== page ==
Flour power: WFP training boosts women bakers in Iraq
In Nimrud village, not far from the city of Mosul in Iraq, it’s not too difficult to find a good bakery. Here, the smell of freshly baked bread reminds everyone that a warm meal is never too far away.
Behind a set of roller doors, ten women have built a small business with more than just flour and water as part of a project backed by the UN World Food Programme (WFP) and Germany. Here, women entrepreneurs come together to learn new skills, earn an income and make Iraqi treats.
“We are in fact all widows and single mothers,” says Vikra. “Before the conflict, we had some small domestic income, such as sewing.” The women lost their jobs, their belongings and their ability to support their families, due to conflict in Iraq. Some returned home to find nothing but scorched earth where their houses once stood.
They are still recovering, they say. Some were displaced for years and have been forced to rebuild their lives alone. All ten bakers have lost their husbands and say this activity has brought them closer together.
It was their pressing needs as sole providers that made them particularly eligible for the project. Now, step by step, they are building a business.
“We are a cooperative of ten women and rotate every day – five of us work in the bakery, five support from home, all of us split the profits,” says Wadhaha, another participant.
“We buy everything locally as much as we can, we give the business back to our neighbours,” says Sihan. The group received a professional-grade oven from WFP to kick-start their business and this is used by members of their community, whose traditional tanoors (bread ovens) were destroyed in the conflict.
Diamond-shaped samoun buns – an Iraqi staple – are their main product. Crisp on the outside, fluffy on the inside, they are delicious the women say.
The group also makes simple desserts to sell in the neighbourhood, and takes small catering orders for traditional Iraqi dishes such as tepsi baytinijan – aubergine baked with minced meat.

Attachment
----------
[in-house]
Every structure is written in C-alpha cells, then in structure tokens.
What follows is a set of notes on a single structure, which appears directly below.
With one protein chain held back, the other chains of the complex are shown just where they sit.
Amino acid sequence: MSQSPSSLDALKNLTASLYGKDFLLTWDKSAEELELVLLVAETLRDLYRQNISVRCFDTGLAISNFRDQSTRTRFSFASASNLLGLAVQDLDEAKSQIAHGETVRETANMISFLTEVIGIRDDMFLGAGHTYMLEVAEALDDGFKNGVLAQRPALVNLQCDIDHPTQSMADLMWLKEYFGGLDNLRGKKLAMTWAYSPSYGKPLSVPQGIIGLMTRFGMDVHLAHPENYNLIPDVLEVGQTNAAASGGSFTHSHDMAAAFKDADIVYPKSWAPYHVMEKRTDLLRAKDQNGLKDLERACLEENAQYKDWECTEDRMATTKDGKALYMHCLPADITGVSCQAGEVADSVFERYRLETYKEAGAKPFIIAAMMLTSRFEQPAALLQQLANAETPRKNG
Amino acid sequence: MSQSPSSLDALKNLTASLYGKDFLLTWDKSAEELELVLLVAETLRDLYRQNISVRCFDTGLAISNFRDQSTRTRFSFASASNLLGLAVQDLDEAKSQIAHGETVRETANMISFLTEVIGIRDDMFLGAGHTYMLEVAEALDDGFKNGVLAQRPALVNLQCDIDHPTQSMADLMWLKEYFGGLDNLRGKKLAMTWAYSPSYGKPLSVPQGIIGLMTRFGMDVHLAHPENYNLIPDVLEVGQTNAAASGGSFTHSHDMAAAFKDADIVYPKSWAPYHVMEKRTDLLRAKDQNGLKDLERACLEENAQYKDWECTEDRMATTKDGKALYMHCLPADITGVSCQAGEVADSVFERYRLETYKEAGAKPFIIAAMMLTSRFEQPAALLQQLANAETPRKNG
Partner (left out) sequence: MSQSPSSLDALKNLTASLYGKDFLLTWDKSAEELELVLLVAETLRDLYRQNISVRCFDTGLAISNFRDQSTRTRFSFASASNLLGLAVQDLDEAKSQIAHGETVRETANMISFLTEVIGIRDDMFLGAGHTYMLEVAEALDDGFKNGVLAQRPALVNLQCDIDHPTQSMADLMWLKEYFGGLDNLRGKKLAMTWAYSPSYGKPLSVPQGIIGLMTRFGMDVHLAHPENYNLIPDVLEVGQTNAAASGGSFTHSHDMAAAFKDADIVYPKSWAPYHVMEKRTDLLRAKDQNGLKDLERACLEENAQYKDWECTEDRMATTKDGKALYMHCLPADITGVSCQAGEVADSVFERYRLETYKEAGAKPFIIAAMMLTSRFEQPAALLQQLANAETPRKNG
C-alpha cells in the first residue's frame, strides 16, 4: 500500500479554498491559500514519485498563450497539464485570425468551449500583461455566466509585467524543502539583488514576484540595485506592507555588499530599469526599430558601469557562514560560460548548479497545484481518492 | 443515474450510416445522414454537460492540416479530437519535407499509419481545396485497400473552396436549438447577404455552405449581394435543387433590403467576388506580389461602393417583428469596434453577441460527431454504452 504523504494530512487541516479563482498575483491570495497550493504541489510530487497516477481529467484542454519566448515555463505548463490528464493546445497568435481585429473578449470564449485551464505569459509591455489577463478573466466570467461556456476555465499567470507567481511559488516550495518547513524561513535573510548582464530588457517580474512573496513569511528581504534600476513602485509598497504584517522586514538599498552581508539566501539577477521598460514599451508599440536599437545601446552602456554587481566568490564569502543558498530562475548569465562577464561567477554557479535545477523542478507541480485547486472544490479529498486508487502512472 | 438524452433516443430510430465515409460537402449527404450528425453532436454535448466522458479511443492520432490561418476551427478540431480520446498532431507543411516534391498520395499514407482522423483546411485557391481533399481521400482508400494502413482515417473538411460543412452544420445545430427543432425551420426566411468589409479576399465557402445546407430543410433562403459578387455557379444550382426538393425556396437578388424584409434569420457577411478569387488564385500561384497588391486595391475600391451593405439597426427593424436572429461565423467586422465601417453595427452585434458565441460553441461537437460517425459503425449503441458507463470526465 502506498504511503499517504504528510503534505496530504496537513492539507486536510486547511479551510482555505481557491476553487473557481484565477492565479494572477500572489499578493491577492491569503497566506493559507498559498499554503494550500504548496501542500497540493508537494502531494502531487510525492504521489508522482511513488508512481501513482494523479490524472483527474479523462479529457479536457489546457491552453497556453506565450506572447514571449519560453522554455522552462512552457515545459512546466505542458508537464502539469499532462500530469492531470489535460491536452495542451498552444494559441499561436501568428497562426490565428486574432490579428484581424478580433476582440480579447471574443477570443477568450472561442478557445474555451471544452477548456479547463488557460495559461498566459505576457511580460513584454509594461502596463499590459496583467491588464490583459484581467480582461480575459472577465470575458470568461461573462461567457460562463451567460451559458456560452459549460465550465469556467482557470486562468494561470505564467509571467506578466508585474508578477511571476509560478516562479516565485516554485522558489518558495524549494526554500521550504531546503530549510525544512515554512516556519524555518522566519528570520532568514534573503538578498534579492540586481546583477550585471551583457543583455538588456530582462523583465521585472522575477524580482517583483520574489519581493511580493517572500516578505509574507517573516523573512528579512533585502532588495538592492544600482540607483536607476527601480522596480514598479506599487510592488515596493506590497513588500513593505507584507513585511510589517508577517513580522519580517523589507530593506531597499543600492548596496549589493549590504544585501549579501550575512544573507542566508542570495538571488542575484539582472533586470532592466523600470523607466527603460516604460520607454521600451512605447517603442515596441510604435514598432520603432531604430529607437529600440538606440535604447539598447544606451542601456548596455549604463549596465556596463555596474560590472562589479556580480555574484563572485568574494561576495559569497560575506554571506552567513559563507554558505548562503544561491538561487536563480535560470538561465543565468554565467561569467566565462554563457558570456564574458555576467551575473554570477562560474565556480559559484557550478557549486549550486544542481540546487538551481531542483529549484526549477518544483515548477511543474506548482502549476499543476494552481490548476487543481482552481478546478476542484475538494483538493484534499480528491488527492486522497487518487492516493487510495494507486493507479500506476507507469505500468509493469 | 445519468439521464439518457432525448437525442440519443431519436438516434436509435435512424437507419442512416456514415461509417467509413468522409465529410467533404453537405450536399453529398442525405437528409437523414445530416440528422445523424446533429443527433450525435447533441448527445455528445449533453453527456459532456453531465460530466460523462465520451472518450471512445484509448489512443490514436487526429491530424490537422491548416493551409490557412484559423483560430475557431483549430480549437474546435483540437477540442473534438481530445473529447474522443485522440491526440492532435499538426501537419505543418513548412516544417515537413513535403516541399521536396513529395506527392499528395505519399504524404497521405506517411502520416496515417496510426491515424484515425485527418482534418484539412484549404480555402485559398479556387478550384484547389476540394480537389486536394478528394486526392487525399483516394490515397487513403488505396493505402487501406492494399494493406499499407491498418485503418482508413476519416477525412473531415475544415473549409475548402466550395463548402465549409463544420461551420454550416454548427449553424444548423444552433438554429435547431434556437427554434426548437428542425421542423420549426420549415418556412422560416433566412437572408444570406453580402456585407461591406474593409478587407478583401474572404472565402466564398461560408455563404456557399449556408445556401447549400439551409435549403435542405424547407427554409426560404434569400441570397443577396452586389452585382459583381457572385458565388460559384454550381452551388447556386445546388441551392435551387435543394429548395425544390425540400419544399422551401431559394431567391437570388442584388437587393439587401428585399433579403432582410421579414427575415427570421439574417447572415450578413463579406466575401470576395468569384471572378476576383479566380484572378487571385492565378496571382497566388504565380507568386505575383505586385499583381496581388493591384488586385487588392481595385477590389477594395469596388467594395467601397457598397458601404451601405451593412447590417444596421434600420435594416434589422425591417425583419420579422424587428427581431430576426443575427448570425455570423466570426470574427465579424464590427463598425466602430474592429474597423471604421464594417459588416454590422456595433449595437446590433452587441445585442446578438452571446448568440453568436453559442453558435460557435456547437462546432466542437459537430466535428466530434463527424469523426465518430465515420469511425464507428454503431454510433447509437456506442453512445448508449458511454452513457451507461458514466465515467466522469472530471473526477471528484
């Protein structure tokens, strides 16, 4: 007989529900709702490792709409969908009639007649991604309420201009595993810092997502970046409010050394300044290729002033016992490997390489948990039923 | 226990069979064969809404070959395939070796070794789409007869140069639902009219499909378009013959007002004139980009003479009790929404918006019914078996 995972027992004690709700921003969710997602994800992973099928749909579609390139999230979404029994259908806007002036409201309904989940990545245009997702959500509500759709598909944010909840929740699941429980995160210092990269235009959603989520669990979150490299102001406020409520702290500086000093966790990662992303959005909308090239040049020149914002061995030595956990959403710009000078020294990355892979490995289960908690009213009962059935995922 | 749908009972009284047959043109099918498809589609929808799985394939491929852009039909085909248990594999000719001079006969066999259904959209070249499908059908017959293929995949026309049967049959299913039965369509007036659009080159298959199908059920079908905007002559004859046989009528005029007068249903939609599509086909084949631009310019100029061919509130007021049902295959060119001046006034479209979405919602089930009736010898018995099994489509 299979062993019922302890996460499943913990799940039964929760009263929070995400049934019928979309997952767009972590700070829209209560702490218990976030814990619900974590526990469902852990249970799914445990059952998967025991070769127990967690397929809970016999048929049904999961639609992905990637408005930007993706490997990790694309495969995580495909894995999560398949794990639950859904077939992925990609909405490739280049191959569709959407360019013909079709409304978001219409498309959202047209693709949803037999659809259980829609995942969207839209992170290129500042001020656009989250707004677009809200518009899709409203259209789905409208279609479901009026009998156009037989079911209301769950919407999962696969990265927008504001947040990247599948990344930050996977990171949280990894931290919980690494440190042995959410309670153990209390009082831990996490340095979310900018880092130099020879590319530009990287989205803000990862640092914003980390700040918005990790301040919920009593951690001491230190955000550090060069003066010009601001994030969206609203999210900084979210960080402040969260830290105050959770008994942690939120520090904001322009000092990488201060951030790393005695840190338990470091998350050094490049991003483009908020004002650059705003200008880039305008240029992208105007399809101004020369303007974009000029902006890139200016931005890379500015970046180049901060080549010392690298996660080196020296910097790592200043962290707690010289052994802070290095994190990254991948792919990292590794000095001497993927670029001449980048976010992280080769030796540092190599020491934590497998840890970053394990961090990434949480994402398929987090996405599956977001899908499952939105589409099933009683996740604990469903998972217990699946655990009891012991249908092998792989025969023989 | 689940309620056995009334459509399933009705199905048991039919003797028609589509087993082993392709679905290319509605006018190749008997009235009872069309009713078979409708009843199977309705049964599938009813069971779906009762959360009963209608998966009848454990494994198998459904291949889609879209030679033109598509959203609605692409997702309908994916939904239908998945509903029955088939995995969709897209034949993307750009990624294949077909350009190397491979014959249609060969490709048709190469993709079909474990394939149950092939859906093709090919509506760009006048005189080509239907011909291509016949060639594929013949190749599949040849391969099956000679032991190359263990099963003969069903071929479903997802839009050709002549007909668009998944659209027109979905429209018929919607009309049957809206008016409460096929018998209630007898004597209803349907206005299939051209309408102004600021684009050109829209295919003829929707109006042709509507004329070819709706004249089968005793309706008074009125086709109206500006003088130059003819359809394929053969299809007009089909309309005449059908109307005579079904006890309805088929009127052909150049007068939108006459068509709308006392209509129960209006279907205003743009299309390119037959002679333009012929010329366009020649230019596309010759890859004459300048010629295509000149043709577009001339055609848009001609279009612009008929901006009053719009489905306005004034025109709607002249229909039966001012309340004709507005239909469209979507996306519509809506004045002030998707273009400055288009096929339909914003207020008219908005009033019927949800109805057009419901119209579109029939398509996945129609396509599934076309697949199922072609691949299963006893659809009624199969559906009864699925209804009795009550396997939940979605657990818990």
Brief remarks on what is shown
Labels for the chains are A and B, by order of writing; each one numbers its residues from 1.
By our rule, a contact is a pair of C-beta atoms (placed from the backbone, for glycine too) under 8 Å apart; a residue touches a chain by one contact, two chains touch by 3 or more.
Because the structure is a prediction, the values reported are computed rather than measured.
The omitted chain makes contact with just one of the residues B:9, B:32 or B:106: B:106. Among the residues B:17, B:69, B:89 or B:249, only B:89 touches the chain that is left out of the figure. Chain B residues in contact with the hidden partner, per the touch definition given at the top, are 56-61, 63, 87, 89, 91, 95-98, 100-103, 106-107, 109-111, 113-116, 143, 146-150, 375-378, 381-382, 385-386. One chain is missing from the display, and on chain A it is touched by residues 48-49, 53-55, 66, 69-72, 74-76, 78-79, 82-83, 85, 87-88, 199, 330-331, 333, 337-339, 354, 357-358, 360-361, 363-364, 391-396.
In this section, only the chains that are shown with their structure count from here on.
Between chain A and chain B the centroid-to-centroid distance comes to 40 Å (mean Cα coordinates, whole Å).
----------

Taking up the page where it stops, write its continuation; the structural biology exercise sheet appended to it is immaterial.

On a typical day, they sell up to 450 bags of samoun bread – with ten pieces in each – and bring in approximately US$300. Some of this bread is sold to local sandwich-makers for the nearby schools, ensuring that students can eat fresh bread each day. After deducting overheads such as flour, key ingredients, cooking gas and electricity, the women earn a modest but sustainable income. Their profits are split evenly among the women, and a portion is invested back into their business to help it grow.
Wadhaha, the group’s bookkeeper, excitedly shows her ledger. “After deducting the costs from the revenue, our income helps support our children and even elders.” Running the bakery in shifts also means the women can continue to manage their household responsibilities.
With support from WFP, over the past two years the bakers have received training in nutrition, growing kitchen gardens and how to prepare foods for sale. Some of the women learned to make jams from the fresh fruit they grow in their home gardens. “I learned a lot in the classes,” says Raghad. “Techniques I could apply on the job.”
Through the Ninewa project – run in collaboration by WFP, NGO partner Samaritan's Purse and local authorities – the women also gained business skills that were critical for them to launch and manage their bakery. They have learnt about bookkeeping, managing profit and loss, marketing, food hygiene and how to bake and sell traditional food items, for which there is a steady demand.
When asked what additional support they need, Vikra says with a smile: “An even bigger oven! We are getting more orders for sweets from our community, and we can bake more that way.” The food passes the ultimate taste test when Raghad’s small daughter appears, grabs a piece of samoun, and runs away before her mum can stop her.
Each month, WFP helps up to 712,000 people across Iraq to meet their basic needs at a time when families including internally displaced people are struggling to cope with the effects of conflict and climate change.